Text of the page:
These entrepreneurial members of the academic community devised their version of what the US government would like Cuba to look like – now and in the future. This Cuba bears no relation to reality, but it does provide a way to spend taxpayers’ money as miraculously, Congress enacts legislation to authorize these expenditures while cutting teachers and closing clinics. The scholars also attract anti-Castro companies to donate money to these daydreaming projects.

One Cuban scholar produced the ultimate reverie: Fernando Henrique Cardoso refers to that “poof moment – Jorge I. Dominguez’ vivid phrase – when the current regime will no longer exist.” Several self-proclaimed “leading” Cuba scholars in the US even contributed to a book that begins with that premise. (http://marifeliperez-stable.com/books/) That a-historical moment has no preconditions, institutions, history, context or real live humans. As grade school kids say: “shit happens.”

No scholar living in Cuba gets invited to these “forecasting” sessions. These exclusive professors have converted poof dreams into profits; moreover; they remain oblivious to the Miami mobs cheering the triumphant return of Luis Posada Carriles — whom FBI agents affectionately call that “rat-fink, old fart, bomber.”

Saul Landau’s WILL THE REAL TERRORIST PLEASE STAND UP opens at San Francisco’s Brava Theater on April 16.

Nelson Valdes is Professor Emeritus, University of New Mexico

 

 

More articles by:

SAUL LANDAU’s A BUSH AND BOTOX WORLD was published by CounterPunch / AK Press.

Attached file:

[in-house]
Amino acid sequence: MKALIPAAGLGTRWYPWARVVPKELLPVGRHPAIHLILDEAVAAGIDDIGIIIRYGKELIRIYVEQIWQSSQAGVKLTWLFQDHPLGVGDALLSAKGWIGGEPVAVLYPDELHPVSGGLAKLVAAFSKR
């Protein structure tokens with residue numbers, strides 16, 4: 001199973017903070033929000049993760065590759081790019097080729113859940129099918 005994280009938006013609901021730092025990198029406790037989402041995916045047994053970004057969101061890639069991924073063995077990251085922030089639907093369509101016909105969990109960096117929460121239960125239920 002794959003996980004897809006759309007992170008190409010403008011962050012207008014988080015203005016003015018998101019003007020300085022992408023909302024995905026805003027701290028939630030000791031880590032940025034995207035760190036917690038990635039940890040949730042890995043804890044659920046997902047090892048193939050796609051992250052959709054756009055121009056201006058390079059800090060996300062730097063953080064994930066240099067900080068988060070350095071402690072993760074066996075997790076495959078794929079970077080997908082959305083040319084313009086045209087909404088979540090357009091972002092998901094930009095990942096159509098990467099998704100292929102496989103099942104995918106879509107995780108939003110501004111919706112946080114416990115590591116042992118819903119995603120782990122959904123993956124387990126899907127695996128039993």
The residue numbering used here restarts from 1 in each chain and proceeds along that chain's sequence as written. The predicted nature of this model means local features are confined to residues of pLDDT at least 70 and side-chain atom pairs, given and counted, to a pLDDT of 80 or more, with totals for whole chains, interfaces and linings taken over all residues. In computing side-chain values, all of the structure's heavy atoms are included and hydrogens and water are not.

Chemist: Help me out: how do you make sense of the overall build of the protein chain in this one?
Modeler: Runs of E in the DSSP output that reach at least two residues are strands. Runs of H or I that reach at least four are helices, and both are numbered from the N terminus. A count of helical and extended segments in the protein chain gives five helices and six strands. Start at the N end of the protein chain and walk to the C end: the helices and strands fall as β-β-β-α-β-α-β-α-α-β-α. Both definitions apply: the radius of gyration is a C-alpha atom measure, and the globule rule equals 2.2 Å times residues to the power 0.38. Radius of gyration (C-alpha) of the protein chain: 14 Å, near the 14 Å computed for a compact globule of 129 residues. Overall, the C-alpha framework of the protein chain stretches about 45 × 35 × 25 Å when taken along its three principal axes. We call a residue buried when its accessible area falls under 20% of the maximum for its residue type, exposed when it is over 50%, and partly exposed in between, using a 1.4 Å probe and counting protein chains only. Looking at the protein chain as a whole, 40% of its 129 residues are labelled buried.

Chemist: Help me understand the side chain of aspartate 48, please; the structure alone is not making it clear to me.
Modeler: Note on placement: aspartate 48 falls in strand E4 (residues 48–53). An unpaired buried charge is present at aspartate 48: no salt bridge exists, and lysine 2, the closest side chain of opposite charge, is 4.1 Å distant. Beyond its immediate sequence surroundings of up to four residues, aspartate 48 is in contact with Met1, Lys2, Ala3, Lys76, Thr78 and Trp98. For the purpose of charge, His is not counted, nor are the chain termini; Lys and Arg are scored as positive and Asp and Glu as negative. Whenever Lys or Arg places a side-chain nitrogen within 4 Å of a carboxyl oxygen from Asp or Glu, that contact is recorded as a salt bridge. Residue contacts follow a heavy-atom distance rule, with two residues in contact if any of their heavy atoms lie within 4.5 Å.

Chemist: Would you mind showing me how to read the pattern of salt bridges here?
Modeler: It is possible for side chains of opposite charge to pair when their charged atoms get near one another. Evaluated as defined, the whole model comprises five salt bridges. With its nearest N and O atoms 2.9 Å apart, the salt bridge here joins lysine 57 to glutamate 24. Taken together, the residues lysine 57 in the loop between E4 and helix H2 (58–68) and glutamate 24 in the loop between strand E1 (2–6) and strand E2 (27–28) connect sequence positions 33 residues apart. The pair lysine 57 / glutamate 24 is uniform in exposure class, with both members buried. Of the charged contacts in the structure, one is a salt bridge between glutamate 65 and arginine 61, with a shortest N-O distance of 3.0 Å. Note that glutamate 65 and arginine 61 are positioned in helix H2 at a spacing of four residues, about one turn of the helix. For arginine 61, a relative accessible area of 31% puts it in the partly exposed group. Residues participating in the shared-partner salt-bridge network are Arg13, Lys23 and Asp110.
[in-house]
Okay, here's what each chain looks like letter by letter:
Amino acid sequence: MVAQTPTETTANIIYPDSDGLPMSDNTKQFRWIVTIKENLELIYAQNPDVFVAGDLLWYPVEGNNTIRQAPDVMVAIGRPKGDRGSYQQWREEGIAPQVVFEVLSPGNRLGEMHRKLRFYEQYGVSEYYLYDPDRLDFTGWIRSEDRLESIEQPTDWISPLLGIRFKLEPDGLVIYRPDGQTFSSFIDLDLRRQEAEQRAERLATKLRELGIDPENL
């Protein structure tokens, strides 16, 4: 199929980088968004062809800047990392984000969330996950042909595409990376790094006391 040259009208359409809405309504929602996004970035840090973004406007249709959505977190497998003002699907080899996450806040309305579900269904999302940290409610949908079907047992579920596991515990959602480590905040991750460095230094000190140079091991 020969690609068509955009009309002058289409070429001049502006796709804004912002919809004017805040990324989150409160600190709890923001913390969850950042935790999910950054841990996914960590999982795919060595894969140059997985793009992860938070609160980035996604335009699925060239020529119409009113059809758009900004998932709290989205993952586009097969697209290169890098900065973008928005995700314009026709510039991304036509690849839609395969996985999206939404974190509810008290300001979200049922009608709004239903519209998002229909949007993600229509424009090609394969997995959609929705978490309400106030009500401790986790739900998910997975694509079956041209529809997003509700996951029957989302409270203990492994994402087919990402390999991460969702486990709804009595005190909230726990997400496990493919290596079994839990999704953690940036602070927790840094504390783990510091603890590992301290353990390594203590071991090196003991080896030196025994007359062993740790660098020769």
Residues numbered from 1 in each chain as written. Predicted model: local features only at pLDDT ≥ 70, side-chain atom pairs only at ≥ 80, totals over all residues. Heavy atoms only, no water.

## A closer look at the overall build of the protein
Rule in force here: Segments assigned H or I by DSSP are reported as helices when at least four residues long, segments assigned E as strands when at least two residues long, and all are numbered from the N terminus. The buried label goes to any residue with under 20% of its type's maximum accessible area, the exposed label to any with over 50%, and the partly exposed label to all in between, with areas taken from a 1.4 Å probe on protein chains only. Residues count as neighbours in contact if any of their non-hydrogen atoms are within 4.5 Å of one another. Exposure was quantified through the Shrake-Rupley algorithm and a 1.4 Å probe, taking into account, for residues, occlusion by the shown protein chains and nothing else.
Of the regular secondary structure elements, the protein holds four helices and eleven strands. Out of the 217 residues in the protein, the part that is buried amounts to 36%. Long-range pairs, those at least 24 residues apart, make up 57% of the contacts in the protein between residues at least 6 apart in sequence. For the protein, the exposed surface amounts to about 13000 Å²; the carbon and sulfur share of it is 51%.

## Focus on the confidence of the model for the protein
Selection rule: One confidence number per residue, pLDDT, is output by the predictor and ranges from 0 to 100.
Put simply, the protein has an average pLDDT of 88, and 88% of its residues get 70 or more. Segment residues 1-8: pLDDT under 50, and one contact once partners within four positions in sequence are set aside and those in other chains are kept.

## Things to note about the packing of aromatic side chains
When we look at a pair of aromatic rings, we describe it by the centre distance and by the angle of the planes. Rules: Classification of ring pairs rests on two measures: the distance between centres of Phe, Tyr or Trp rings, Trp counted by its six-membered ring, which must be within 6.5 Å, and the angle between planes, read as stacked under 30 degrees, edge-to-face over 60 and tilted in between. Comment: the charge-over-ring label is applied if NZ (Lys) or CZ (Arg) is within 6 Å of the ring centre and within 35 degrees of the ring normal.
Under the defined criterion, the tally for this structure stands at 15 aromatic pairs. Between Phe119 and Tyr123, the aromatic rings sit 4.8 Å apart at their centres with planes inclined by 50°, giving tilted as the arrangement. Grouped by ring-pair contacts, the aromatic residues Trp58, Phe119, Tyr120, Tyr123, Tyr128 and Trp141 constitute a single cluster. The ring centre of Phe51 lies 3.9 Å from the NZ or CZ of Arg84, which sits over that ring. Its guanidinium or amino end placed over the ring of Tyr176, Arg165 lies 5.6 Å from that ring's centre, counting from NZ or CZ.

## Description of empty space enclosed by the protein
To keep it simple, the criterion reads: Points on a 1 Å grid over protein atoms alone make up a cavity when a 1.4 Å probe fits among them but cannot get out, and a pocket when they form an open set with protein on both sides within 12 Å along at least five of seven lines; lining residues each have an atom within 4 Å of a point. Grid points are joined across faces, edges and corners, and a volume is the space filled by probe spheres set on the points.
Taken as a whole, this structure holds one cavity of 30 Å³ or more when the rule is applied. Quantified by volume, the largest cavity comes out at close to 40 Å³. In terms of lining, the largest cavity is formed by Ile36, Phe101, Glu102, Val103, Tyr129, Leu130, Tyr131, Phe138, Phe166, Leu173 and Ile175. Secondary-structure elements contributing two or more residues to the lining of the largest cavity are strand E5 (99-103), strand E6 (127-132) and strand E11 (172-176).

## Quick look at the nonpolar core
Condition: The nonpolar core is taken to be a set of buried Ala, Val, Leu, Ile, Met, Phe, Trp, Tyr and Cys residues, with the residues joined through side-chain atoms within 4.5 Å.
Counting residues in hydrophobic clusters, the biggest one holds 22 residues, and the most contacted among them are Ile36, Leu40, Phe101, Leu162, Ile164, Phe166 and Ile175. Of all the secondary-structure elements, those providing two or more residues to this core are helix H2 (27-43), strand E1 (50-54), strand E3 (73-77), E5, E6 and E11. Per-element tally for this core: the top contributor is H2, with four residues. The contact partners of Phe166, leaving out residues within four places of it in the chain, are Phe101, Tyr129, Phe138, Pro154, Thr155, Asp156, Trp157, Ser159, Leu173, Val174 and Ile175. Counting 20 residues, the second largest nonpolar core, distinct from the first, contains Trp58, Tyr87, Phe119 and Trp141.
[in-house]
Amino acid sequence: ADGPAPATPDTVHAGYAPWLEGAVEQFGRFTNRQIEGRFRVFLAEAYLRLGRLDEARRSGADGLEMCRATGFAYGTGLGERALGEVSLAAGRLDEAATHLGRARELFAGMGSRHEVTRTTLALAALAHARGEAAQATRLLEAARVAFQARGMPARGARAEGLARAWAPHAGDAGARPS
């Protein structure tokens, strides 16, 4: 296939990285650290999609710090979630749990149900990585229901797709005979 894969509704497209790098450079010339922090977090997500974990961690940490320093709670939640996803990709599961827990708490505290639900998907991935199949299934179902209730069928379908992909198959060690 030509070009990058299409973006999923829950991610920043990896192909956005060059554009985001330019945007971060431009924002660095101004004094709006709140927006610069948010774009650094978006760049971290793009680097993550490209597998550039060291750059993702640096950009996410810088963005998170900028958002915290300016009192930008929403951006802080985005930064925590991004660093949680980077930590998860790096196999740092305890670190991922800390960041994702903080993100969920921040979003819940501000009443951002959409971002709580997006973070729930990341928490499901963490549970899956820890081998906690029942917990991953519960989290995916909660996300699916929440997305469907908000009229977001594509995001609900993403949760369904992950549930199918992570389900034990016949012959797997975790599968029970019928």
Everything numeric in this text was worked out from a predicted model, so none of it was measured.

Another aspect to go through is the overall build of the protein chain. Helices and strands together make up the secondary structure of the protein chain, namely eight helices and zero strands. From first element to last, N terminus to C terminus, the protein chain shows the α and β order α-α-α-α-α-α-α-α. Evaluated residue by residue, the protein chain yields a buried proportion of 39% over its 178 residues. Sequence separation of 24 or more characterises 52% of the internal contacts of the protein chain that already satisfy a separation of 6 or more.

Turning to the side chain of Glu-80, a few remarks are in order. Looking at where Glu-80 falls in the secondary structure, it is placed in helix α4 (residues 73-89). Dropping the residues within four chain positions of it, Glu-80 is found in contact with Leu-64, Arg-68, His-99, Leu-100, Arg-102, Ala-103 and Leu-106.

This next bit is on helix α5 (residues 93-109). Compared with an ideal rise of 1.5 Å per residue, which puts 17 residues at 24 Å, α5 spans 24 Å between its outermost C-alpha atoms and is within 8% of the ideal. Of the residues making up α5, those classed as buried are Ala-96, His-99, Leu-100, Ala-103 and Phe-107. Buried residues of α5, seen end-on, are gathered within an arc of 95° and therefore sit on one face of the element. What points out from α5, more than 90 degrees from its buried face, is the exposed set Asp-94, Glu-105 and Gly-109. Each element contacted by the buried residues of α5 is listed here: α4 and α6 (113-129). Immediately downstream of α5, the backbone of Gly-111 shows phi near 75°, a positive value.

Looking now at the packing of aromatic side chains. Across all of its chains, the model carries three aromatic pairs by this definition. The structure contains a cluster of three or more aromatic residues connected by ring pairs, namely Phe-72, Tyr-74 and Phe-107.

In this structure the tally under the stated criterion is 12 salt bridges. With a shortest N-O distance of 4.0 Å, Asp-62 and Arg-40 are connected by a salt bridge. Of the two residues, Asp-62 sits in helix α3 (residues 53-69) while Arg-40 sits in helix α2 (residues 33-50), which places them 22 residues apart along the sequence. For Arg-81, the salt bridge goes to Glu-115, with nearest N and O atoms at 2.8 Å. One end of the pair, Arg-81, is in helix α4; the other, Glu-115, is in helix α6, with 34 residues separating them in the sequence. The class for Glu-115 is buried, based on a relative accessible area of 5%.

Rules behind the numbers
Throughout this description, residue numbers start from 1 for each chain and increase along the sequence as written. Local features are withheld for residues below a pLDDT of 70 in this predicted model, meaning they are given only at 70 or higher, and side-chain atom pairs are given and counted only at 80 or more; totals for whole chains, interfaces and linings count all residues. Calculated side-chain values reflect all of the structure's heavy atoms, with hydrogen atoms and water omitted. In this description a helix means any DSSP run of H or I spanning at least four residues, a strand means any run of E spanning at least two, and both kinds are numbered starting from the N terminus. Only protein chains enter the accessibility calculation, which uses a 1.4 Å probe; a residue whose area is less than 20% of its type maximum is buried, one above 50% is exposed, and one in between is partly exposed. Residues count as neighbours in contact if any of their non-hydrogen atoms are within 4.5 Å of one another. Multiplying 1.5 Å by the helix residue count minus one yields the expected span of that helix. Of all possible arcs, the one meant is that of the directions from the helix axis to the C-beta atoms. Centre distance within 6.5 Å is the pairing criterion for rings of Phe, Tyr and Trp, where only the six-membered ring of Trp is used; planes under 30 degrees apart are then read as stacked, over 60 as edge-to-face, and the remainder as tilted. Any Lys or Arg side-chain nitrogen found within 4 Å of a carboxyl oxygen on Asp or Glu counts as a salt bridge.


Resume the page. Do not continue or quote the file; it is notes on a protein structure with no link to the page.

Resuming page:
Weekend Edition
December 14, 2018
Friday - Sunday
Andrew Levine
A Tale of Two Cities
Peter Linebaugh
The Significance of The Common Wind
Bruce E. Levine
The Ketamine Chorus: NYT Trumpets New Anti-Suicide Drug
Jeffrey St. Clair
Roaming Charges: Fathers and Sons, Bushes and Bin Ladens
Kathy Deacon
Coffee, Social Stratification and the Retail Sector in a Small Maritime Village
Nick Pemberton
Praise For America’s Second Leading Intellectual
Robert Hunziker
The Yellow Vest Insurgency – What’s Next?
Patrick Cockburn
The Yemeni Dead: Six Times Higher Than Previously Reported
Nick Alexandrov
George H. W. Bush: Another Eulogy
Brian Cloughley
Principles and Morality Versus Cash and Profit? No Contest
Michael Duggin
Climate Change and the Limits of Reason
Victor Grossman
Sighs of Relief in Germany
Ron Jacobs
A Propagandist of Privatization
Robert Fantina
What Does Beto Have Against the Palestinians?
Richard Falk – Daniel Falcone
Sartre, Said, Chomsky and the Meaning of the Public Intellectual
Andrew Glikson
Crimes Against the Earth
Robert Fisk
The Parasitic Relationship Between Power and the American Media
Stephen Cooper
When Will Journalism Grapple With the Ethics of Interviewing Mentally Ill Arrestees?
Jill Richardson
A War on Science, Morals and Law
Ron Jacobs
A Propagandist of Privatization
Evaggelos Vallianatos
It’s Not Easy Being Greek
Nomi Prins 
The Inequality Gap on a Planet Growing More Extreme
John W. Whitehead
Know Your Rights or You Will Lose Them
David Swanson
The Abolition of War Requires New Thoughts, Words, and Actions
J.P. Linstroth
Primates Are Us
Bill Willers
The War Against Cash
Jonah Raskin
Doris Lessing: What’s There to Celebrate?
Ralph Nader
Are the New Congressional Progressives Real? Use These Yardsticks to Find Out
Binoy Kampmark
William Blum: Anti-Imperial Advocate
Medea Benjamin – Alice Slater
Green New Deal Advocates Should Address Militarism
John Feffer
Review: Season 2 of Trump Presidency
Rich Whitney
General Motors’ Factories Should Not Be Closed. They Should Be Turned Over to the Workers
Christopher Brauchli
Deported for Christmas
Kerri Kennedy
This Holiday Season, I’m Standing With Migrants
Mel Gurtov
Weaponizing Humanitarian Aid
Thomas Knapp
Lame Duck Shutdown Theater Time: Pride Goeth Before a Wall?
George Wuerthner
The Thrill Bike Threat to the Elkhorn Mountains
Nyla Ali Khan
A Woman’s Selfhood and Her Ability to Act in the Public Domain: Resilience of Nadia Murad
Kollibri terre Sonnenblume
On the Killing of an Ash Tree
Graham Peebles
Britain’s Homeless Crisis
Louis Proyect
America: a Breeding Ground for Maladjustment
Steve Carlson
A Hell of a Time
Dan Corjescu
America and The Last Ship
Jeffrey St. Clair
Booked Up: the 25 Best Books of 2018
David Yearsley
Bikini by Rita, Voice by Anita
FacebookTwitterGoogle+RedditEmail